Thursday, September 24, 2009

A $12-billion boondoggle

Andrew Steele gets to the heart of the matter:
What makes this stunning is not the partisanship of public spending. Governments since the days of the Ch√Ęteau Clique have used taxpayer dollars to reward friends and supporters.
But prior scandals of this sort were typically involving secondary initiatives with middling importance to both the economy and the political outcomes of the government.
What makes this story stand out is that a government that has bet its very survival in the economic success of the stimulus package would be this dumb.
Unemployment and economic distress occurs across the nation. Tending to the challenge just in those seats held by Conservative MPs leaves most of Quebec, Ontario and Atlantic Canada, along with assorted places elsewhere, potentially dragging down the recovery in the rest of the country.
And remember the context in which the Conservatives brought in this stimulus package. Facing defeat on a confidence vote if they failed to wise up after missing the onset of the recession in the fall when they were preoccupied with partisan games, trying to destroy the opposition by cutting off political funding, among other things. The stimulus was supposed to be a correction, a reaffirmation by the Conservatives to serious economic priorities while they were under the gun. Following through and implementing it in a similarly serious way would prove that they learned their lesson. That's what makes today's report so galling. They didn't get it at all. They could have implemented measures to flow the stimulus more quickly and fairly, as Steele and the report itself notes, but they went on their own merry partisan way:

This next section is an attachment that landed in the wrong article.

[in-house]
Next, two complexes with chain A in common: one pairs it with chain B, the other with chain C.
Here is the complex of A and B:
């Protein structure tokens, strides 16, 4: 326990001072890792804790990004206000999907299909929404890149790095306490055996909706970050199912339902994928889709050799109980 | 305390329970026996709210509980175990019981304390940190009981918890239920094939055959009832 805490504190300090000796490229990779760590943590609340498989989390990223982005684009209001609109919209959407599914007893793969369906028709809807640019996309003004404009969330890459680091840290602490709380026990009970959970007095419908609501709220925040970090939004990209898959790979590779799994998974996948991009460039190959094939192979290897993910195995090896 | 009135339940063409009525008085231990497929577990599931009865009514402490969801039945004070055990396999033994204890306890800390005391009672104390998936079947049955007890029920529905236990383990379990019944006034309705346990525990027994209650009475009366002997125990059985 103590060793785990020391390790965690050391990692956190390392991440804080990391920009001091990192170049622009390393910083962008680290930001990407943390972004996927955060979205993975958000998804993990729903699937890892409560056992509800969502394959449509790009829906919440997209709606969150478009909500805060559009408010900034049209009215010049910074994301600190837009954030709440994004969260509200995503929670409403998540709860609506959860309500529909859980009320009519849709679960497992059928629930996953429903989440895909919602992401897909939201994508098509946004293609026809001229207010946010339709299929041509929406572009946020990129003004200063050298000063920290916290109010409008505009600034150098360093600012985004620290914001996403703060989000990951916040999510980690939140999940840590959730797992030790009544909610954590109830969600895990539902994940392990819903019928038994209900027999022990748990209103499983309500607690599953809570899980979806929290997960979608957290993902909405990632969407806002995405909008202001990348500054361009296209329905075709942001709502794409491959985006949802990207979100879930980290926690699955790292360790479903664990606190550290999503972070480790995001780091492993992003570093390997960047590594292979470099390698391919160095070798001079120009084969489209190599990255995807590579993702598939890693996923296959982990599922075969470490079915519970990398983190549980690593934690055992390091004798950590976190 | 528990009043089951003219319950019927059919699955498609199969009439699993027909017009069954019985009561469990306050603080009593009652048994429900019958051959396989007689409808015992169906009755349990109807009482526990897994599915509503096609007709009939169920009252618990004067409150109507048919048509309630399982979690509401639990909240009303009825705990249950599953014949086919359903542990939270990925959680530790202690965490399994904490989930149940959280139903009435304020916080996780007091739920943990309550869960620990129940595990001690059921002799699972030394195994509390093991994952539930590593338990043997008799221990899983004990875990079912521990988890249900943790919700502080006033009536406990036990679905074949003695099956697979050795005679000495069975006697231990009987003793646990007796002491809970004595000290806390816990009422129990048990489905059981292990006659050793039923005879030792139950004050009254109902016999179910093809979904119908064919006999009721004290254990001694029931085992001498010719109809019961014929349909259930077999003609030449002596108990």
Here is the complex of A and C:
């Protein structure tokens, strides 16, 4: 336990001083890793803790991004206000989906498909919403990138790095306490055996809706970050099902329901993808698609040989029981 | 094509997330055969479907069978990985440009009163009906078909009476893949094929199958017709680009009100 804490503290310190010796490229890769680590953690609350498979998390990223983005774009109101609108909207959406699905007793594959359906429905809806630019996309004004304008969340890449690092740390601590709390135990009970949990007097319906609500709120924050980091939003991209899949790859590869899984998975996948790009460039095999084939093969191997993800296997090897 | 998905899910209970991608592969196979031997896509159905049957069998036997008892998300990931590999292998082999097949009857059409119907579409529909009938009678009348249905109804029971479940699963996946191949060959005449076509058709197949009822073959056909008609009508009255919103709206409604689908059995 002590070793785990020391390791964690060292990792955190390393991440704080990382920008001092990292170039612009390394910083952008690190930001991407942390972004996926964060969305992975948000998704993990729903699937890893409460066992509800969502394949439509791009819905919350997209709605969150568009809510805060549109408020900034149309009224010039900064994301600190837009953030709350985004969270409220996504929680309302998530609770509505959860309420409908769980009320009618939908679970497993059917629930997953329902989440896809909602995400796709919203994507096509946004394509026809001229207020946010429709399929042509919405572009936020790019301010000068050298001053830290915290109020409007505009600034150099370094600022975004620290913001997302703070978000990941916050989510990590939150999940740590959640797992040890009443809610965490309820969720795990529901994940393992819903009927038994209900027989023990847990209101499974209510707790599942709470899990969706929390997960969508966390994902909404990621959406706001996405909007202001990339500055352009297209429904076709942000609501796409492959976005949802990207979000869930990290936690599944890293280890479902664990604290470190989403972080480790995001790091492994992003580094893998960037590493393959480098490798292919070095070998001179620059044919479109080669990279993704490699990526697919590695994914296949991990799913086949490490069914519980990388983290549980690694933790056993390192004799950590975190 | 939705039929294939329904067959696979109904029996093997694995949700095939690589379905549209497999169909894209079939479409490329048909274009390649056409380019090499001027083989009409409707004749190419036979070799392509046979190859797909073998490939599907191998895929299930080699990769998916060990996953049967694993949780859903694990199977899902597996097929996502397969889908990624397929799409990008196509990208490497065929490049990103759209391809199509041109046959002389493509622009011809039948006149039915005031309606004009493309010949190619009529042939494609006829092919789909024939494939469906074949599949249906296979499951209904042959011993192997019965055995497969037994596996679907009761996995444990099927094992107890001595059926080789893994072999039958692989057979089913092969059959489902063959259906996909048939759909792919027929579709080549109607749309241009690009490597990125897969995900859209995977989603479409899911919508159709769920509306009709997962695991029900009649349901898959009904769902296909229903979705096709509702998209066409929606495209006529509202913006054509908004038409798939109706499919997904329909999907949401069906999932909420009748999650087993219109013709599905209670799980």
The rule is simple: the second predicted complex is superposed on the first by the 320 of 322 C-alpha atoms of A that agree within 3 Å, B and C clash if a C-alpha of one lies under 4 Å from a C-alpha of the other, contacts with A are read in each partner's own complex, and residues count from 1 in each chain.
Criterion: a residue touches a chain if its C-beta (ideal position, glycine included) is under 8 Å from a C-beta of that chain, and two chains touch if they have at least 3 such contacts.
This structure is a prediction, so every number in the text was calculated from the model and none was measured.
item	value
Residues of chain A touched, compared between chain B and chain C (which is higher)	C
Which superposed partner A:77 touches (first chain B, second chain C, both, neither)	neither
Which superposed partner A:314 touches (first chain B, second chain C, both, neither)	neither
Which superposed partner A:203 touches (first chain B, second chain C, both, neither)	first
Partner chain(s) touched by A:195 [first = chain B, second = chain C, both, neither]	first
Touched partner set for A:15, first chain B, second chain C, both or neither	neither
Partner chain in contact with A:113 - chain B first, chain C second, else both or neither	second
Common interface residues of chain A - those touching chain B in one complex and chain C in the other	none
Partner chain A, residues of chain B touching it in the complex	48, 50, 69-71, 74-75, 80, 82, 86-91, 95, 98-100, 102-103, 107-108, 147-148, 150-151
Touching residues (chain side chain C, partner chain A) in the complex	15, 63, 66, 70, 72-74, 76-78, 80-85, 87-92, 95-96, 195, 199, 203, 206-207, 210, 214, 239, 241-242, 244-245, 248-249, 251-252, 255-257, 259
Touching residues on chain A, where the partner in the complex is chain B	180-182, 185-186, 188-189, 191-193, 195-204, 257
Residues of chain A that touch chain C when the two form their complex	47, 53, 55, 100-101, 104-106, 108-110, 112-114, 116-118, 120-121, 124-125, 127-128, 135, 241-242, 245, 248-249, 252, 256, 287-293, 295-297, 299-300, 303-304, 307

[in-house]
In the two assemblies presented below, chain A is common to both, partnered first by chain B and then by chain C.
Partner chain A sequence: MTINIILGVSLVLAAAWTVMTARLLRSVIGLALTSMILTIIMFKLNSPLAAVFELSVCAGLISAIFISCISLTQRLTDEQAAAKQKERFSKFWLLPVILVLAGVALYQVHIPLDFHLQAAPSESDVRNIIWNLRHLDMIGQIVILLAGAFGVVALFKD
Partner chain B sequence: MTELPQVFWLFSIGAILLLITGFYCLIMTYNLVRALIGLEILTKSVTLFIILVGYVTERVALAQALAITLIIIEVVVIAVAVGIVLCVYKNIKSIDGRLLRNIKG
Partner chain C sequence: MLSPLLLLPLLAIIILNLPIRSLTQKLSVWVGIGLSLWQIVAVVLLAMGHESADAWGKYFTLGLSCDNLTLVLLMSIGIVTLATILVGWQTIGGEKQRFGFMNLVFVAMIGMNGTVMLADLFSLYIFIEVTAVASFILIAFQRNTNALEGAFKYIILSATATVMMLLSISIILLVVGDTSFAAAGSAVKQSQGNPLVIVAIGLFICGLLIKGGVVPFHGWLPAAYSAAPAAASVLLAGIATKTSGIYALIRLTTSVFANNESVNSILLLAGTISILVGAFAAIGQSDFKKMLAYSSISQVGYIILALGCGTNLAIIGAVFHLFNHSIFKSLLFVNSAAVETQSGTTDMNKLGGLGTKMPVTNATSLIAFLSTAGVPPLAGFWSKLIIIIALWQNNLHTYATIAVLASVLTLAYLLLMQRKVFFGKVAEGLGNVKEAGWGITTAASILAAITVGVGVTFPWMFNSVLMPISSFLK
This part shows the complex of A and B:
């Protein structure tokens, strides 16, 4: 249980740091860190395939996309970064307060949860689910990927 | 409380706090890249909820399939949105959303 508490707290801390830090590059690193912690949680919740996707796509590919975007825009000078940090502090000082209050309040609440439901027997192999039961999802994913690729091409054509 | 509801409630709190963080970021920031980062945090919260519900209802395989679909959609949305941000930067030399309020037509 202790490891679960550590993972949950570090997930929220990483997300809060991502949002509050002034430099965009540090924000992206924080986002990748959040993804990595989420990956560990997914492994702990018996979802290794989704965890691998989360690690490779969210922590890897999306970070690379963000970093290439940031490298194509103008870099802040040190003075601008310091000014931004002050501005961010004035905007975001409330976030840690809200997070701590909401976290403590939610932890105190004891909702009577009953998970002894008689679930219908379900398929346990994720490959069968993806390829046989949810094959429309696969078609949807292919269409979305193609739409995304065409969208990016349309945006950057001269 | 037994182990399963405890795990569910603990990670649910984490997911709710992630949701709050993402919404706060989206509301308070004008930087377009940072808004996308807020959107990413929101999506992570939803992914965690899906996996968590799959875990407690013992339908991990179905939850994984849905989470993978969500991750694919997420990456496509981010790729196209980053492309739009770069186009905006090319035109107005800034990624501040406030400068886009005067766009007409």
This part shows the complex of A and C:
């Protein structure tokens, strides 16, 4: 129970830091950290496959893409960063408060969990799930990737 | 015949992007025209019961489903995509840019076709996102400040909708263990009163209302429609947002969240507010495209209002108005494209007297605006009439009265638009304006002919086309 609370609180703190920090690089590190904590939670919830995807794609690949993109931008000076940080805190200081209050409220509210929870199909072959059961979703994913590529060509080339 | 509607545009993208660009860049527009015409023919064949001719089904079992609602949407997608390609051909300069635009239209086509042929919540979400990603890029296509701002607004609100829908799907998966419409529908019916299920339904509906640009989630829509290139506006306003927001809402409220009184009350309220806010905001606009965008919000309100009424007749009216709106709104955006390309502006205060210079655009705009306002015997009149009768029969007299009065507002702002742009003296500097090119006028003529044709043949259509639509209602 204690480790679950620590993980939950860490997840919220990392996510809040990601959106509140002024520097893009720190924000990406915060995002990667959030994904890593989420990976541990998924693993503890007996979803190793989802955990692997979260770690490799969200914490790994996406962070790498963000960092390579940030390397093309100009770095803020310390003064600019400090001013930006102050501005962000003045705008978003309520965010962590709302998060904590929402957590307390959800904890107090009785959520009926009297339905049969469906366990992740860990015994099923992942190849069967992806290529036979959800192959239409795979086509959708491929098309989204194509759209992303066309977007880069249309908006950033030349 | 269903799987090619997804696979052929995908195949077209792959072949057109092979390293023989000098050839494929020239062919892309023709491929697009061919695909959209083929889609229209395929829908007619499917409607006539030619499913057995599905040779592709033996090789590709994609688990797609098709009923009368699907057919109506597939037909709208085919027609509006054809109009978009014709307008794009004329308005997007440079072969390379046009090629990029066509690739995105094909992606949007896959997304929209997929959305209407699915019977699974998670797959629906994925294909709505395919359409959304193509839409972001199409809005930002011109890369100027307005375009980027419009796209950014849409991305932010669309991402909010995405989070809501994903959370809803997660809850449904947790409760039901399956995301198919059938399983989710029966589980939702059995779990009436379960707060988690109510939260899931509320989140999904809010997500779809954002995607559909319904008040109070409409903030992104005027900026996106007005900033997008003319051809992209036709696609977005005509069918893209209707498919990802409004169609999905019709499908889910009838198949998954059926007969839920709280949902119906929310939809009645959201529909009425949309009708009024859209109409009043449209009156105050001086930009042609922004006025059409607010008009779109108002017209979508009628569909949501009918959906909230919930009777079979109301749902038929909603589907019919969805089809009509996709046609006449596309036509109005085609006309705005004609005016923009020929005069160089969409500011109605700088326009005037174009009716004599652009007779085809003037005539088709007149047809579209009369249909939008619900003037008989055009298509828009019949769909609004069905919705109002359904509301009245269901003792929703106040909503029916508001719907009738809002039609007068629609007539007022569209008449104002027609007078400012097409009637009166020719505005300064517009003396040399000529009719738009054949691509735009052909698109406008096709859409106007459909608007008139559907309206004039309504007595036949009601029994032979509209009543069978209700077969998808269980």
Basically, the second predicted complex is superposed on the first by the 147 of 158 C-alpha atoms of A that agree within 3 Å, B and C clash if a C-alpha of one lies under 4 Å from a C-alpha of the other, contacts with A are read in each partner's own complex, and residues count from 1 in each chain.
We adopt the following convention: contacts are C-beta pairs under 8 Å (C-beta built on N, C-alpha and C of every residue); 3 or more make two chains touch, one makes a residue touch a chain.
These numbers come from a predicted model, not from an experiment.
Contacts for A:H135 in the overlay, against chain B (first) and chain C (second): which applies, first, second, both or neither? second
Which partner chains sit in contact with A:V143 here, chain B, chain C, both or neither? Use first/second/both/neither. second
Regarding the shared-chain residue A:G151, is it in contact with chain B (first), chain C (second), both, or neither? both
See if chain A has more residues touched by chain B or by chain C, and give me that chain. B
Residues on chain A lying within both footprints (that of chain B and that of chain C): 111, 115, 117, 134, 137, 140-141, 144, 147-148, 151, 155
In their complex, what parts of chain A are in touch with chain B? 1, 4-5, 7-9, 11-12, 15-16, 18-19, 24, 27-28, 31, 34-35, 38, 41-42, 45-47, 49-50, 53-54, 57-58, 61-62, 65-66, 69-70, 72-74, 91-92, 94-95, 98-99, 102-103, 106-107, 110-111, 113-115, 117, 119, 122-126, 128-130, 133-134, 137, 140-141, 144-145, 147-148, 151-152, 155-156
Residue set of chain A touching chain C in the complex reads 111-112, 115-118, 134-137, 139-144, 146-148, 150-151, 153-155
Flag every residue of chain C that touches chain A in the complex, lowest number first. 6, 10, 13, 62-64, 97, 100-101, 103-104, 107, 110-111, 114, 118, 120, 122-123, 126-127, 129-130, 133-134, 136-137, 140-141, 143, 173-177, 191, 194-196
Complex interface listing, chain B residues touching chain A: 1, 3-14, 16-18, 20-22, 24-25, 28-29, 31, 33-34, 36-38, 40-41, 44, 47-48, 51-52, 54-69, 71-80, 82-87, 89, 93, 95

Like individuals, governments often show their essential character at times of difficulty. In January 2009, the major on-the-ground partners in any infrastructure endeavour, Canadian municipalities and the private construction industry, gave the government public advice that the only way to create jobs immediately and undertake quality building was to further expand the existing Gas Tax Transfer
program. On March 3, the House of Commons passed a Liberal resolution directing the Harper government to distribute half the infrastructure stimulus funds by Gas Tax Transfer, which would have permitted Canadian municipalities to incorporate the new funds into their budgets April 1. VII The opportunity was ripe for non-partisan collaboration across levels of government.
Instead, the Harper government decided to forgo the existing audit, administration and evaluation systems of the Gas Tax Transfer, to ignore the advice of experts, and to overrule the will of Parliament to devise an entirely new program. The result was a four-month delay to produce a one-page application form and processes that lowered accountability and eliminated traditional due diligence. Incredibly, this application process for a program justified in the name of jobs did not ask how many jobs would be created or when, nor did it take the local need for jobs into account in awarding funds. It also has no system to track how many jobs are actually created viii. The system did, however, allow all projects to be vetted by the Harper government.
Kennedy says he is happy to put his numbers up for third party review if there are any takers. He sounds pretty confident in his analysis and is challenging the government to do the same. Do we think they'll take him up on it?

What a fine mess the Harper crew have gotten themselves into.